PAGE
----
Remarks by Secretary Carter in a Media Availability at Naval Station Great Lakes, Illinois

Secretary of Defense Ash Carter


SECRETARY OF DEFENSE ASH CARTER:  Hi, gang.  And accordingly, I'll be brief, because I already -- I just spoke to the audience here about the significance of this location for the department and the nation's security as a whole, the central importance of people.

One of the reasons I've been traveling this week, recruiting, in-processing, basic training as we have here, and then we saw what it's all about at the 18th Airborne Corps yesterday, folks that are deploying to fight the fight and defeat ISIL.

So, you saw it all the way from recruits to mission in the course of this week.  And that's the reason for my visit here.

The other thing I'll say is that this is connected with my -- what I call the Force of the Future, which is a continuing effort with many dimensions to ensure that the folks that are in our armed services in generations to come are as fine as the ones today.

And that means continuing to look around and see how we can adjust the way we manage our talent in the military and attract and retain talent to retain -- remain the very best, because that is the principal reason why we're the best fighting force in the world.

So, with that, let me take your questions.  And Peter, I'll put myself in your hands.

STAFF:  Jack -- Jack.

Q:  Sir, you talked, during your speech earlier, about some of the demographic under-representation that's occurring in the military.  You mentioned the northeast.

I'm wondering if you can talk about other areas where you find demographic under-representation, and what do you think it is that's keeping the military from recruiting as many people from those groups -- the northeast, for instance -- to fill ranks?

SEC. CARTER:  Some -- some of it is geographic.  Some of it is in continuing to have good access -- I'll give you another example -- to first-generation Americans.

To -- another is two parts of our country and parts of our population where there may not be military bases, and where, therefore, the familiarity of -- with the -- of the community as a whole with military life is not automatic, as it probably is in the communities surrounding this great installation, where people get a sense, they -- they run into people in uniform in the course of their daily life.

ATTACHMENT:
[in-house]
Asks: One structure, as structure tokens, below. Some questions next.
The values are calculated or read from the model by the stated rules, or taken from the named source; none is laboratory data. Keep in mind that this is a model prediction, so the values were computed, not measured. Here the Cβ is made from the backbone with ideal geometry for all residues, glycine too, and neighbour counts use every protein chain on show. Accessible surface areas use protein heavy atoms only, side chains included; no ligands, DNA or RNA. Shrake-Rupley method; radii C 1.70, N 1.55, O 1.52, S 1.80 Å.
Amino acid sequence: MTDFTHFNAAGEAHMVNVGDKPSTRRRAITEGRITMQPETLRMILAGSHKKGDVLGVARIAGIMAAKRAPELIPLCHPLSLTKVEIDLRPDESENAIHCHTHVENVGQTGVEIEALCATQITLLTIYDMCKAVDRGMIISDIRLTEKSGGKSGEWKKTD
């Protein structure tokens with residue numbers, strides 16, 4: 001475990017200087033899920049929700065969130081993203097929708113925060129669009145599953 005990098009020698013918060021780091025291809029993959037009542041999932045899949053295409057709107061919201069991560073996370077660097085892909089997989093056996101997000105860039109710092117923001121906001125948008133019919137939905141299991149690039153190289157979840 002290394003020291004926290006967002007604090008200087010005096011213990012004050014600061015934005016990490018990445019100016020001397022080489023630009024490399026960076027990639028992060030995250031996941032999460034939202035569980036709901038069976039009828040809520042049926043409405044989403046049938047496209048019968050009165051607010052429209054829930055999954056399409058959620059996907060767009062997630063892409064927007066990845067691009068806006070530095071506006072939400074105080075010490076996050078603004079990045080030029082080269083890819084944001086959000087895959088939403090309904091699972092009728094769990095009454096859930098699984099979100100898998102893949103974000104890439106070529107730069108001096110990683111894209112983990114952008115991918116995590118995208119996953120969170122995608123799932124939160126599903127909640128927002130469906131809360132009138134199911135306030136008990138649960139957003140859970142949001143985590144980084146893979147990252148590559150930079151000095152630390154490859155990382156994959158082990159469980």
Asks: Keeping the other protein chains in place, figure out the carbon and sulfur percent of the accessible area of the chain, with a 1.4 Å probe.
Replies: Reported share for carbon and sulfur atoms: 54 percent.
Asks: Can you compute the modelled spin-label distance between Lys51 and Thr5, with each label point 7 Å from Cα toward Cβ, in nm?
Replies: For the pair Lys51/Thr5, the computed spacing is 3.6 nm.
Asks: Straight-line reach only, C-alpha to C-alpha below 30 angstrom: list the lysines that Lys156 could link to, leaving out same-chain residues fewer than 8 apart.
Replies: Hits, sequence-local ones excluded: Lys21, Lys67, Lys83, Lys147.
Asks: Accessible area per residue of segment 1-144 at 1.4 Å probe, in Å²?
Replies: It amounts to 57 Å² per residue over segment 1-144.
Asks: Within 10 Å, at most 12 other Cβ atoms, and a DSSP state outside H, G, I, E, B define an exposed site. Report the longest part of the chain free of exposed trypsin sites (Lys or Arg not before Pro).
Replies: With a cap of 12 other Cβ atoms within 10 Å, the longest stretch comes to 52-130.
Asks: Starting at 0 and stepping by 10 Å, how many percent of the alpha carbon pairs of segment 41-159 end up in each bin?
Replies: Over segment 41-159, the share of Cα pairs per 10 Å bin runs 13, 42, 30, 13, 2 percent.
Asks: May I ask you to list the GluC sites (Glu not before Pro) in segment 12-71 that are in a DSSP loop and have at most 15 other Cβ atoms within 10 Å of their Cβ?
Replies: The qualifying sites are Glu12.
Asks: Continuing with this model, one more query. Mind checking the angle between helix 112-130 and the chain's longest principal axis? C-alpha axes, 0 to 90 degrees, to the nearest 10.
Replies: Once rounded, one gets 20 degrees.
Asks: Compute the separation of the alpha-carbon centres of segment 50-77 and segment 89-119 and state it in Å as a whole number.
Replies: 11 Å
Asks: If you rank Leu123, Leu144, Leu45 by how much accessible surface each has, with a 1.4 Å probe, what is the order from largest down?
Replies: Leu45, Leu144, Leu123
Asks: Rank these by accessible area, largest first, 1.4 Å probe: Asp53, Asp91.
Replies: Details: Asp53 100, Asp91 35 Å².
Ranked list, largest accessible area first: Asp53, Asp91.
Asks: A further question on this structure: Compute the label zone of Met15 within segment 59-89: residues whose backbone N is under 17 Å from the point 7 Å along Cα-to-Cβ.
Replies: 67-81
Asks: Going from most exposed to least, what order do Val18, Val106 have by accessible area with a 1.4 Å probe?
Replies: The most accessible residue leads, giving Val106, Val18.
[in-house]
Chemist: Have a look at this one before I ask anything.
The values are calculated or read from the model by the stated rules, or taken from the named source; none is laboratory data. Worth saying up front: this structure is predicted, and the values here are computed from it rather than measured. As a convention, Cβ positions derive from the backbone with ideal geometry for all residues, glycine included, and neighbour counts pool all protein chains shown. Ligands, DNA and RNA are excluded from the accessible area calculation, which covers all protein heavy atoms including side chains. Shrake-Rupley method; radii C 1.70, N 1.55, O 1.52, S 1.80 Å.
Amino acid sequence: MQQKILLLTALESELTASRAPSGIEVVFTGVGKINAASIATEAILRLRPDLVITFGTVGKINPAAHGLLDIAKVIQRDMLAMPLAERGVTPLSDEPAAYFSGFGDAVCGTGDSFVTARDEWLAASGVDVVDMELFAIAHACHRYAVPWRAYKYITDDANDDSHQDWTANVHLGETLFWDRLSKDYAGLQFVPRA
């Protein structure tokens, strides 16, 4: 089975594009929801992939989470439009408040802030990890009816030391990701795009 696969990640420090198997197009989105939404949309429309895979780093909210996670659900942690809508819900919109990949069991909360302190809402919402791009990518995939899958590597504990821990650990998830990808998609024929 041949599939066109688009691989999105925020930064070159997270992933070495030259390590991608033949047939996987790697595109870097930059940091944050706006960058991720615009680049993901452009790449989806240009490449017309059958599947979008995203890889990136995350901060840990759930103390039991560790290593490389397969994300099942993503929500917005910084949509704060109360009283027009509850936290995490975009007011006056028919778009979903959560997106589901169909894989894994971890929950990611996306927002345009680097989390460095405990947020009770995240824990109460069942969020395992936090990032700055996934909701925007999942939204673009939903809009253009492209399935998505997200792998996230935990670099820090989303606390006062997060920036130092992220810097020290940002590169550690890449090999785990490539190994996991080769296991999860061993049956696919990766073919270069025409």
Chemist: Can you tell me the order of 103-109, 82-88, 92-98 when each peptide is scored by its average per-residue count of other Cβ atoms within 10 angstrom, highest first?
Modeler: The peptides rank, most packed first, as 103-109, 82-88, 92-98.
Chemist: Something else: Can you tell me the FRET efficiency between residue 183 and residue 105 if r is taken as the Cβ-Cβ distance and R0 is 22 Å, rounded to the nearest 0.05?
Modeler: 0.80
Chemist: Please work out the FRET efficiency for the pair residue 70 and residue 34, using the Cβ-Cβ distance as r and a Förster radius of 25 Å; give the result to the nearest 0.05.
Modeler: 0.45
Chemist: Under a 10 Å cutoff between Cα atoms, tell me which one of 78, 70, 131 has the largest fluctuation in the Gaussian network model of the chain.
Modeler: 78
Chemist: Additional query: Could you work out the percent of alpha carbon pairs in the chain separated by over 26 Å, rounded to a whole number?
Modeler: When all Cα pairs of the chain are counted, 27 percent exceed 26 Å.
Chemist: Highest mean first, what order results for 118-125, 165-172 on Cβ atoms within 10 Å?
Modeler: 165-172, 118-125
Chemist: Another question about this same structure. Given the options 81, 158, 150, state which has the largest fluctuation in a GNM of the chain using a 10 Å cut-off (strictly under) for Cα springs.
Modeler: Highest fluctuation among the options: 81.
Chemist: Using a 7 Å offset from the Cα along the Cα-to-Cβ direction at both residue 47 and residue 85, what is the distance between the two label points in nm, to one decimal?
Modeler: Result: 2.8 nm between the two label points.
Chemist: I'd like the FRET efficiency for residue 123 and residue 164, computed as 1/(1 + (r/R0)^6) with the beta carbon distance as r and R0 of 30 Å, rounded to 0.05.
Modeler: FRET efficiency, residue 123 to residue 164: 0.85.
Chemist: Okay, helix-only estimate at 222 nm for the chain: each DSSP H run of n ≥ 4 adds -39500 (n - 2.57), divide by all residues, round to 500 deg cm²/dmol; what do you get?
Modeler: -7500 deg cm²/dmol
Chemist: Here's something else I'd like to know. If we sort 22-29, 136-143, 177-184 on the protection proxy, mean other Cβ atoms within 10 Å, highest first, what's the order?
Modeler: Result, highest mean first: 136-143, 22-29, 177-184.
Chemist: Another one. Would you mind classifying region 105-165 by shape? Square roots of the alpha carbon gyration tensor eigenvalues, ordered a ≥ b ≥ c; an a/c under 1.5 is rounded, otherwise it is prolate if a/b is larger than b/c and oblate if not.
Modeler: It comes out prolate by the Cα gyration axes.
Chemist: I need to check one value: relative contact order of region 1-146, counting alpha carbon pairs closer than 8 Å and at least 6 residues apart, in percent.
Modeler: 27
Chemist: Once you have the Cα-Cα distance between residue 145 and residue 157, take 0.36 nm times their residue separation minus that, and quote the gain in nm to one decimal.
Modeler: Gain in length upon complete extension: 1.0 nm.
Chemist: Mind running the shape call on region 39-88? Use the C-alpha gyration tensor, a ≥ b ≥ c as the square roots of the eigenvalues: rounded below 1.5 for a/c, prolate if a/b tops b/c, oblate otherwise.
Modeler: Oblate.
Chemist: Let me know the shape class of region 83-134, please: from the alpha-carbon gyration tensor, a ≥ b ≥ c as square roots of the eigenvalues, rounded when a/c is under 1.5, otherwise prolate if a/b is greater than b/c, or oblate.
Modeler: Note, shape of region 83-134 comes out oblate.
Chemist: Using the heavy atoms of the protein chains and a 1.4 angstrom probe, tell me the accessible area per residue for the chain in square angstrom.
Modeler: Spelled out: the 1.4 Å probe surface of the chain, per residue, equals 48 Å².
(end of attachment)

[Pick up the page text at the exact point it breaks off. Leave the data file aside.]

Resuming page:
And they come -- and so, a kid has some sense that the military is out there as a potential future.  So, those are three examples that are not geographic of ways in which I think we need to stretch ourselves to make sure that people have no parents or grandparents who are in the military, who have no uncles or aunts who are in the military, and who don't live near a military base, nevertheless, we're on their radar screen.

So, there are lots of things like that.

STAFF:  Sidney? Wait for the mic, and try not to give feedback.

Q:  Mr. Secretary, Sidney from Breaking Defense.  Let me ask, you know, you have a very big, ambitious, and in many ways, there are long-term culture change you're trying to institute with Force of the Future.

You've also go a very long-term offset strategy that's possibly decades.  You've got better buying power, which has also to do with a lot of institutional inertia.

And you have six months and 20 days-ish before there's a new administration.  How do you, in the time you have left -- assuming you're –not asked to stay on, in which case, it's easier -- how do you, in the time this administration has left, set things up for success, so that maybe President Clinton or President Trump --

SEC. CARTER:  Good question.

Q:  -- hard to say that -- can take these and run with them?